Friday, 23 August 2013 21:17

Briefing Paper - Jobs for Western Sydney

August, 2013

The need to generate enough jobs and the right type of jobs for its rapidly growing population is one of the greatest challenges facing Western Sydney.

Greater Western Sydney currently has a job deficit of around 180,000. That is, around 180,000 people each morning cram onto trains or sit on congested roads travelling out of the region for work, mainly to the east – to Sydney’s CBD, North Sydney or Macquarie Park.

This situation is set to get much worse. According to the Draft Metropolitan Strategy, 70% of Sydney’s population growth over the next two decades will be in Western Sydney, but only 50% of its new jobs. The population of Greater Western Sydney will rise by another 913,000 by 2021 but the number of jobs in the region will only rise by another 313,000 instead of the 437,500 needed. In other words, even if the targets are reached, Western Sydney’s job deficit will increase by another 120,000.

For more western Sydney commuters this means the financial burden of high transport costs and longer time away from families. For the city’s transport system, the implications are profound. An increase of over 60% in the number of people on our roads and trains in such a short time is unsustainable.

The other employment issue for Western Sydney is the need to diversify our job base, to generate more higher level professional jobs. Over 30% of all western Sydney's jobs are in manufacturing, retail, construction, transport and warehousing. Currently Western Sydney is seriously under-represented in professional employment opportunities, providing only 17% of Sydney's banking, finance and business services jobs, but almost 60% of its manufacturing jobs. This means that a large percentage of the growing number of graduates living in Western Sydney need to look elsewhere for suitable work.

There is no easy solution to these issues but they must be made a higher priority for both state and federal governments.

The NSW Government’s focus on Western Sydney Employment Lands is helpful and the recent release of its Draft Structure Plan for the release of another 6,000 hectares is a recognition of the need. However, unless more determined and coordinated efforts are made to service and to provide the supporting transport infrastructure for these, the take-up will be very slow. A starting point needs to be the servicing of already released employment lands. Of over 3,000 ha of existing undeveloped employment lands, less than 900 ha are serviced and ready for development.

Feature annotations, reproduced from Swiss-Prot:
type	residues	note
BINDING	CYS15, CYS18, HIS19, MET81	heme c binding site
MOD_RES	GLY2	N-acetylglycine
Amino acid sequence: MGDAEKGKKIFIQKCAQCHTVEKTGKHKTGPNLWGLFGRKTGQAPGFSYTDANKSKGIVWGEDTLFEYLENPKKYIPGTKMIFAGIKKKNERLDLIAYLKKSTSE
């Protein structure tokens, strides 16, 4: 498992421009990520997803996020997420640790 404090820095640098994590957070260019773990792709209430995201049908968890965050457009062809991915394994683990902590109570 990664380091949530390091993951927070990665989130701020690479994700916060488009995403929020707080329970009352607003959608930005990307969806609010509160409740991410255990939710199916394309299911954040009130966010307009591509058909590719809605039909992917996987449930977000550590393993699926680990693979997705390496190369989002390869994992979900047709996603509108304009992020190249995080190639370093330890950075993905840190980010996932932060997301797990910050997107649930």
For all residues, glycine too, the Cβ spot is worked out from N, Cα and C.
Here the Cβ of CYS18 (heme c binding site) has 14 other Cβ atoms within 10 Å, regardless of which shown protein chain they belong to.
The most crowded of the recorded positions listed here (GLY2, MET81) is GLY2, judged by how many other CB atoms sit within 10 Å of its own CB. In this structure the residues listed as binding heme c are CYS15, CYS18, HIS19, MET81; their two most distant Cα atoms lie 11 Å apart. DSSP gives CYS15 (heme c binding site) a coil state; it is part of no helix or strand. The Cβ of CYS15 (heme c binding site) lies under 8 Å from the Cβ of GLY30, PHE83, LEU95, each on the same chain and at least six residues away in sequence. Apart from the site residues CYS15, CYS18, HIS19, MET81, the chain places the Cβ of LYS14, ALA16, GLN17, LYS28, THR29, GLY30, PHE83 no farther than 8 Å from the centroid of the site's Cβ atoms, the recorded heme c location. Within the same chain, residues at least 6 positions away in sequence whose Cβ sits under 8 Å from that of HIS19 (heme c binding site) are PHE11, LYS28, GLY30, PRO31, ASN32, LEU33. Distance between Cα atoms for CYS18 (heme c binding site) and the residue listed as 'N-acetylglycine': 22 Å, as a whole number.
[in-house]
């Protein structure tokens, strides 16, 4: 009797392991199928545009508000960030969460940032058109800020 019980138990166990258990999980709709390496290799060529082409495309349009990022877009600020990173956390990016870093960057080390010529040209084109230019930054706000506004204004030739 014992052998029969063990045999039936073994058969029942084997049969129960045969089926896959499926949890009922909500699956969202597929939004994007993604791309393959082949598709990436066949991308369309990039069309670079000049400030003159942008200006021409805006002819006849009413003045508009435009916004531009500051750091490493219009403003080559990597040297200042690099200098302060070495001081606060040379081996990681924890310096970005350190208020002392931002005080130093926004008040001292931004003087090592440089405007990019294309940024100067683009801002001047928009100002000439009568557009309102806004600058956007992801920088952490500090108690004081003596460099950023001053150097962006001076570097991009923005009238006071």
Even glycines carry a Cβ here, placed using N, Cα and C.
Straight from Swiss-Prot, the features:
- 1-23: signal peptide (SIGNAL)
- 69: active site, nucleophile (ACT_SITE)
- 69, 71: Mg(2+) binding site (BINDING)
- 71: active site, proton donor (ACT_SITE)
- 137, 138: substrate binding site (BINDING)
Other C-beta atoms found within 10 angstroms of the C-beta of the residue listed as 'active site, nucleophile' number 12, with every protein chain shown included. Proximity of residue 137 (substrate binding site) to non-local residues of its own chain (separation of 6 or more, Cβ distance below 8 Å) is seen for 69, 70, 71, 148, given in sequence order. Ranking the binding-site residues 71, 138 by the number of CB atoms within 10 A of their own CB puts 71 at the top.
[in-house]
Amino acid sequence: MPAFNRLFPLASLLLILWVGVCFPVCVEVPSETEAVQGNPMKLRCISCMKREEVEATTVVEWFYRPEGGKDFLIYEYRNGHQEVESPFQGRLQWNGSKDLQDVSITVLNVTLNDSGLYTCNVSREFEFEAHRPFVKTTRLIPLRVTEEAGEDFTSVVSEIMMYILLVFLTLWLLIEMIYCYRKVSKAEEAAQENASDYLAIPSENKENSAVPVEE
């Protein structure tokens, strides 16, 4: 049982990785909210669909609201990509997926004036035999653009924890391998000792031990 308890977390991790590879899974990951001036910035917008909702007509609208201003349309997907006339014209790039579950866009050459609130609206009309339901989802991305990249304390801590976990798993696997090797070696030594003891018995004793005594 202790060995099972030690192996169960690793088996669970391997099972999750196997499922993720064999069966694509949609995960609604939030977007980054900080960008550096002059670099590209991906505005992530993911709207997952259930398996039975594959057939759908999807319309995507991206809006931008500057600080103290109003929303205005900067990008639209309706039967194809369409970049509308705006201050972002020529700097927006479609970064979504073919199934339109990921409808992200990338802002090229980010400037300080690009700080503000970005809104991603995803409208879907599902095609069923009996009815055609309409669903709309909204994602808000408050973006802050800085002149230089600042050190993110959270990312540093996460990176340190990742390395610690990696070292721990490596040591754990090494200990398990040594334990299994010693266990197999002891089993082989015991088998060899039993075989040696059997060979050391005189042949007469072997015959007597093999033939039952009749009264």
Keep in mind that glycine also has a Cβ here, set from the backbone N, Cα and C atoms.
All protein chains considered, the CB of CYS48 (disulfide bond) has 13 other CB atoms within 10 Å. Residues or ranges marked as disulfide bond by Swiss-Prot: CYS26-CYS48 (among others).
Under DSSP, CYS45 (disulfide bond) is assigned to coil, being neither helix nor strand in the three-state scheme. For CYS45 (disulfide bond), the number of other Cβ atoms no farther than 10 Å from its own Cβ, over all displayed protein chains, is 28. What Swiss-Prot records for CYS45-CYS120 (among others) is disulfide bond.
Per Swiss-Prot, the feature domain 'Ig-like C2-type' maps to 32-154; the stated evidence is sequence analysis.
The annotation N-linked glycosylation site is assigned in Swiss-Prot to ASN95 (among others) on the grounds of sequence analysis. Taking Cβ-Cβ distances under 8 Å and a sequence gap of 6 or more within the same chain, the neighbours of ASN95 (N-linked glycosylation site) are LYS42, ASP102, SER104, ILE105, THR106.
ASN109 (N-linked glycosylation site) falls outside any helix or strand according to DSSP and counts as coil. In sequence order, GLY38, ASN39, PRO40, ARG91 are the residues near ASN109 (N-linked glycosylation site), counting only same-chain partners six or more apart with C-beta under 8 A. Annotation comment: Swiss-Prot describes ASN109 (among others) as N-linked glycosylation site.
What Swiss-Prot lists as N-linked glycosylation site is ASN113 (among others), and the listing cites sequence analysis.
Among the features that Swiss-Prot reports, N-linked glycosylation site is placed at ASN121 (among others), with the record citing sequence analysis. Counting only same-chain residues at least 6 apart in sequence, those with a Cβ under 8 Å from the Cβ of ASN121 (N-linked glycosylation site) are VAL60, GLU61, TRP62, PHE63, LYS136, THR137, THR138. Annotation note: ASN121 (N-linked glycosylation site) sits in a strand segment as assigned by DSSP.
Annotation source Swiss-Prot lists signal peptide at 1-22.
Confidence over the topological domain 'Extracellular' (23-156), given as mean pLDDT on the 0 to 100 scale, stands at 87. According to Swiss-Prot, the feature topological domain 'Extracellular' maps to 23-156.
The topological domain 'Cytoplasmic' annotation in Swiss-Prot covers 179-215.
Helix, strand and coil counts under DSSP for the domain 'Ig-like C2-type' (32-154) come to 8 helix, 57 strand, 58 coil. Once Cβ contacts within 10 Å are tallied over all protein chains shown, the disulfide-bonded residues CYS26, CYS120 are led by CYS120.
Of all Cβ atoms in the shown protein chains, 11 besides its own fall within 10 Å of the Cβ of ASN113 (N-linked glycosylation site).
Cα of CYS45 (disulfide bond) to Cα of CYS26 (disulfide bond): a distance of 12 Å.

However, even if fully supported by the necessary infrastructure, employment lands are not a panacea for the problem. Employment lands generally focus largely on manufacturing, warehousing and logistics with job densities of less than 20 per hectare. A much greater effort is needed if they are to provide the higher technology and employment jobs needed in the region.

The other component is the need to revitalise and stimulate many of Western Sydney’s key commercial centres. The rapid growth we are seeing in Parramatta, Sydney’s second CBD, needs as far as possible to be replicated in other designated centres such as Liverpool and Penrith and others in the region which are on major public transport links. This needs increased government focus, including the relocation of key government agencies to strategic non-CBD centres and other policies to assist urban renewal and regeneration.

A fuller discussion of these issues is contained in WSROC’s response to the Draft Metropolitan Strategy and the Broader Western Sydney Employment Area Draft Structure Plan.

In short, a whole-of-government approach is needed at the state level and much greater attention at the federal level if inroads are to be made into Western Sydney’s employment challenge. This is vital, not just for the residents of western Sydney but for the productivity and liveability of the whole of Sydney.

Last modified on Tuesday, 05 November 2013 11:32